For example, you can add monthly reporting as an add-on for your low-tier package. It still won’t cost as much as the next tier, but it allows you to make more for that particular tier. As a result, you build higher profit margins on top of existing projects. Ultimately, this will lead to a seamless process for you and your client.

Tip #4: Allow Prospects To Self-Identify With Your Packages

This relates to the previous tip. Based on your clients’ needs and their budget, they should be able to look at each one of your packages and pick the package that suits them best. Yes, you can always try to talk them into one of your more profitable packages. But ultimately, leave the decision to them.

Why? You want people to avail your bookkeeping services because they like you and trust you, not because they feel obligated after a hard sell. And when you hand in the reins to them, they’ll see it as you being honest, instead of just after the sale. If a client agrees to the upsell, great! But if not, no worries. Just keep building your relationship with the client until there’s another opportunity for you to make the upsell. Remember that saying no today doesn’t mean they will say no forever - they might still get the higher priced package or say yes to your upsell later!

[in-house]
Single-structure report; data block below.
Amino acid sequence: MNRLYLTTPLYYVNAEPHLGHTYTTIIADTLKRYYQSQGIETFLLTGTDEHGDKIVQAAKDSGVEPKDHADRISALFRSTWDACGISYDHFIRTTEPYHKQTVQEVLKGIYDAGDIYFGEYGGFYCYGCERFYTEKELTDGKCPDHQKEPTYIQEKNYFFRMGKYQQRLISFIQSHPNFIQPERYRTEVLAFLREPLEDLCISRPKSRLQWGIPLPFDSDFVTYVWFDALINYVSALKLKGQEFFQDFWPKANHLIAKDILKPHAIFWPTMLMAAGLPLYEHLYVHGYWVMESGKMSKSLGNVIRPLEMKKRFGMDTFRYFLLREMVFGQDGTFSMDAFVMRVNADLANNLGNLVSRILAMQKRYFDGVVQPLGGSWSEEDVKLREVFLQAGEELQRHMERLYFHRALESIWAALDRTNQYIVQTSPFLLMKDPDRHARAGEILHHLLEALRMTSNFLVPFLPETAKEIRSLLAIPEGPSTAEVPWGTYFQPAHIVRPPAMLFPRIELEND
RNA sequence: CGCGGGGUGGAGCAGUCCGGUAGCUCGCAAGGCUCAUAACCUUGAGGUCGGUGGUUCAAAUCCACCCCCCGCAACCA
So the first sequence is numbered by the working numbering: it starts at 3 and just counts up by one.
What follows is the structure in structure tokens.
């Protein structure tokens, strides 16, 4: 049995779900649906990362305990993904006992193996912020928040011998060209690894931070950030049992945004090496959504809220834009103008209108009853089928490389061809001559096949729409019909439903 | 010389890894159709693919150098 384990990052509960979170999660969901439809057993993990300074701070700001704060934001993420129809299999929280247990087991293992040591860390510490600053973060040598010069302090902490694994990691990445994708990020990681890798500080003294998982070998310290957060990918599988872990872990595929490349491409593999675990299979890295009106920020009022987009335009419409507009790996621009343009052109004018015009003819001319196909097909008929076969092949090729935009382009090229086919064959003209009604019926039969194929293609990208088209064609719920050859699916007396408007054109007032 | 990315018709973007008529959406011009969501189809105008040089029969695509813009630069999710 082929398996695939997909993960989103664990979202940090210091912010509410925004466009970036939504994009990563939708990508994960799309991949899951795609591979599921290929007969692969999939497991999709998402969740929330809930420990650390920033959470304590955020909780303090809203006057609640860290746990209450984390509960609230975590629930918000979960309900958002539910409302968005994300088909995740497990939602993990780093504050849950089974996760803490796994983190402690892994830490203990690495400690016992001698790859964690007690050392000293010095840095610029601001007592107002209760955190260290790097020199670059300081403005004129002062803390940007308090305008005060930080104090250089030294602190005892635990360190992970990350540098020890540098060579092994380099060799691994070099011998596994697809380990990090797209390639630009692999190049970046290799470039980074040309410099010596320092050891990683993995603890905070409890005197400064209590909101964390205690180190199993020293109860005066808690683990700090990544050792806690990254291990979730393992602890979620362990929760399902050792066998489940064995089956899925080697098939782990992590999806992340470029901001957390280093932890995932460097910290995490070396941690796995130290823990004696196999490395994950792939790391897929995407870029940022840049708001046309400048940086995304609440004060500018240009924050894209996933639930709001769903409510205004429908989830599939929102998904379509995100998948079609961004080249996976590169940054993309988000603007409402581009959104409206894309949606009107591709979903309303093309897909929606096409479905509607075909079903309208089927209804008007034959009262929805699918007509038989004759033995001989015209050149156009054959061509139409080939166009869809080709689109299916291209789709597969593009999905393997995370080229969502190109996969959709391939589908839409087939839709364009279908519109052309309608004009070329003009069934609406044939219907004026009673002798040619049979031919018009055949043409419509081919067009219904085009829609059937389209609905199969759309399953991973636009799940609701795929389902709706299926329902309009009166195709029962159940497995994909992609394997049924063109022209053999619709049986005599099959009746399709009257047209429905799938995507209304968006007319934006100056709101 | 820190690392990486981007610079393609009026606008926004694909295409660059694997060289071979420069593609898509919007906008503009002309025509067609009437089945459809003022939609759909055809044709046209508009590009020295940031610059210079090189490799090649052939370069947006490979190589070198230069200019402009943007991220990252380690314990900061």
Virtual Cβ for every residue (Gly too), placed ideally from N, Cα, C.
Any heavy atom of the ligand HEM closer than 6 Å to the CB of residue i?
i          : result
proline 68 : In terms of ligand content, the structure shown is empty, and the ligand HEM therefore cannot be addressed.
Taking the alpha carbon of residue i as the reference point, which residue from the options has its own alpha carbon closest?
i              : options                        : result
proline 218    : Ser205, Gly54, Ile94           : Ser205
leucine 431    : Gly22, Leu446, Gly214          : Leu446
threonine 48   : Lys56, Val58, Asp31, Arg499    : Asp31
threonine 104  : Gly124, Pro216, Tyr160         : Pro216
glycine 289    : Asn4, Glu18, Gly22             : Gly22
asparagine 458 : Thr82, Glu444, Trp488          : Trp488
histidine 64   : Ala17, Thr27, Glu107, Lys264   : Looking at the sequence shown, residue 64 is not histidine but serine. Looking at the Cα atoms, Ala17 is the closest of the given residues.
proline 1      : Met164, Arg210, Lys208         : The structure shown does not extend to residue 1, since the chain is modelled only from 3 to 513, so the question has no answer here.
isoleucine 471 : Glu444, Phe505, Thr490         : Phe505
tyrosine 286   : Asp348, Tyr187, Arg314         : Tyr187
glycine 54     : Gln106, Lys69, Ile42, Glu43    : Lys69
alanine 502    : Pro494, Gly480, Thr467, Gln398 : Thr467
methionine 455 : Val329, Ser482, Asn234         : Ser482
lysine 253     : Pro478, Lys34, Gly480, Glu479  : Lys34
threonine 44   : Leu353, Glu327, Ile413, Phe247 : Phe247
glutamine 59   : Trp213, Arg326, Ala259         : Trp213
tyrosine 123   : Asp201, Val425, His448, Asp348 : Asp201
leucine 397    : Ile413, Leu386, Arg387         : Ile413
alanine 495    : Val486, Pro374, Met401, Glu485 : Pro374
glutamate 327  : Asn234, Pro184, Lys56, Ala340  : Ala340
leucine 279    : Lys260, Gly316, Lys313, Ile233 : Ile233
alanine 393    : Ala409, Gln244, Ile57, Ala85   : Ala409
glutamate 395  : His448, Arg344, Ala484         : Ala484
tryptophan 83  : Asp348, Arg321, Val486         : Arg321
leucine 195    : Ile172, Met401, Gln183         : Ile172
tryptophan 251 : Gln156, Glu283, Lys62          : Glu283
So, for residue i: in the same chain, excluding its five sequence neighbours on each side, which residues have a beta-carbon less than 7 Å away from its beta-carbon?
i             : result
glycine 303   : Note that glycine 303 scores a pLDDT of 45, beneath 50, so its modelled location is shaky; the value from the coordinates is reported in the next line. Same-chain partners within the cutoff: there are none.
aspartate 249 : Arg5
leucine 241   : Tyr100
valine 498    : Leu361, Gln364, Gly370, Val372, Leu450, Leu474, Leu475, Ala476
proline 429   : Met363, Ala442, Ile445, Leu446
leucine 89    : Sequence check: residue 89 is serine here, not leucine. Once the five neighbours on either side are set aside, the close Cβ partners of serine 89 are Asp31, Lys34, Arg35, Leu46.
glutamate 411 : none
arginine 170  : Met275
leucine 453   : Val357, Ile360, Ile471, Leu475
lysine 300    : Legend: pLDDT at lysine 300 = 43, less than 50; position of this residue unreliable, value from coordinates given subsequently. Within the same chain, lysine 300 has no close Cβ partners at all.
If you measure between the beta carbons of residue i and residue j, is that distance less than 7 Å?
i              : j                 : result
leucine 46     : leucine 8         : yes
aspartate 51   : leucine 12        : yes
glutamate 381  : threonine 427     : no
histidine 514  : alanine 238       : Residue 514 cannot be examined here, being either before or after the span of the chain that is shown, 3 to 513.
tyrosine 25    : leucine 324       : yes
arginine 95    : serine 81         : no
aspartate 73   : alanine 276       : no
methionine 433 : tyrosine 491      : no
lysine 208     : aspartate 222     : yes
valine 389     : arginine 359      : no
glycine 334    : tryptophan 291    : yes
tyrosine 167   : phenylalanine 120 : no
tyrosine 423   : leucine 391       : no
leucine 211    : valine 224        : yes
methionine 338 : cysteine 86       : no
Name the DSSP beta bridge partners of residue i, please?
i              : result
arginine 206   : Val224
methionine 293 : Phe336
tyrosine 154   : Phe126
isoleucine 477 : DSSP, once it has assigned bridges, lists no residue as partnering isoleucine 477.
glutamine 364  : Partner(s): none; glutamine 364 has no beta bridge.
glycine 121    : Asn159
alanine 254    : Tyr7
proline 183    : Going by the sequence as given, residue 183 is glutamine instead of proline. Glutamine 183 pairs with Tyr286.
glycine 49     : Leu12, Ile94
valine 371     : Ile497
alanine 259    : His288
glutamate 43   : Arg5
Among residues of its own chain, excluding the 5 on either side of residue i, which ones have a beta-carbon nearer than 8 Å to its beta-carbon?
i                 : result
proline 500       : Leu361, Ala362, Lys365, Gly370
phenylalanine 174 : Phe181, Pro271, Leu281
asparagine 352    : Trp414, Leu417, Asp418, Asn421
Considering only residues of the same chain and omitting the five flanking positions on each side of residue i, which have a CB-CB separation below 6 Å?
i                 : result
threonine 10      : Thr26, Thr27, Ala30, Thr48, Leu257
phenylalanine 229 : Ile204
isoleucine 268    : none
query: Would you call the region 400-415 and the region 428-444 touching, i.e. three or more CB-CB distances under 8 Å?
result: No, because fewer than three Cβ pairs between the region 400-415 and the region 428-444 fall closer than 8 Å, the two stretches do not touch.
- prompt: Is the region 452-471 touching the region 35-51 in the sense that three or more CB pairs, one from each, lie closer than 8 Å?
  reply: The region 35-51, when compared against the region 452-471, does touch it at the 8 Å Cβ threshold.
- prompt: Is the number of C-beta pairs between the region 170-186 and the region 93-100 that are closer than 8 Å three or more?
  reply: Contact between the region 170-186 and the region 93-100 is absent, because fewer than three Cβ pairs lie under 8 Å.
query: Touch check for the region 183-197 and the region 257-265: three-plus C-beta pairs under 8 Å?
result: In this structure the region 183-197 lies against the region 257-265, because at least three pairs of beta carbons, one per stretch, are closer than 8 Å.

Tip #5: Listen Intently During The Pricing Conversation

Establishing your price point is an important step when dealing with clients. And here’s one effective way to do that: When you go to a pricing meeting, have a quick summary of all the services you provide that the client can look at. Allow them to ask as many questions and listen to their concerns, challenges, and expectations.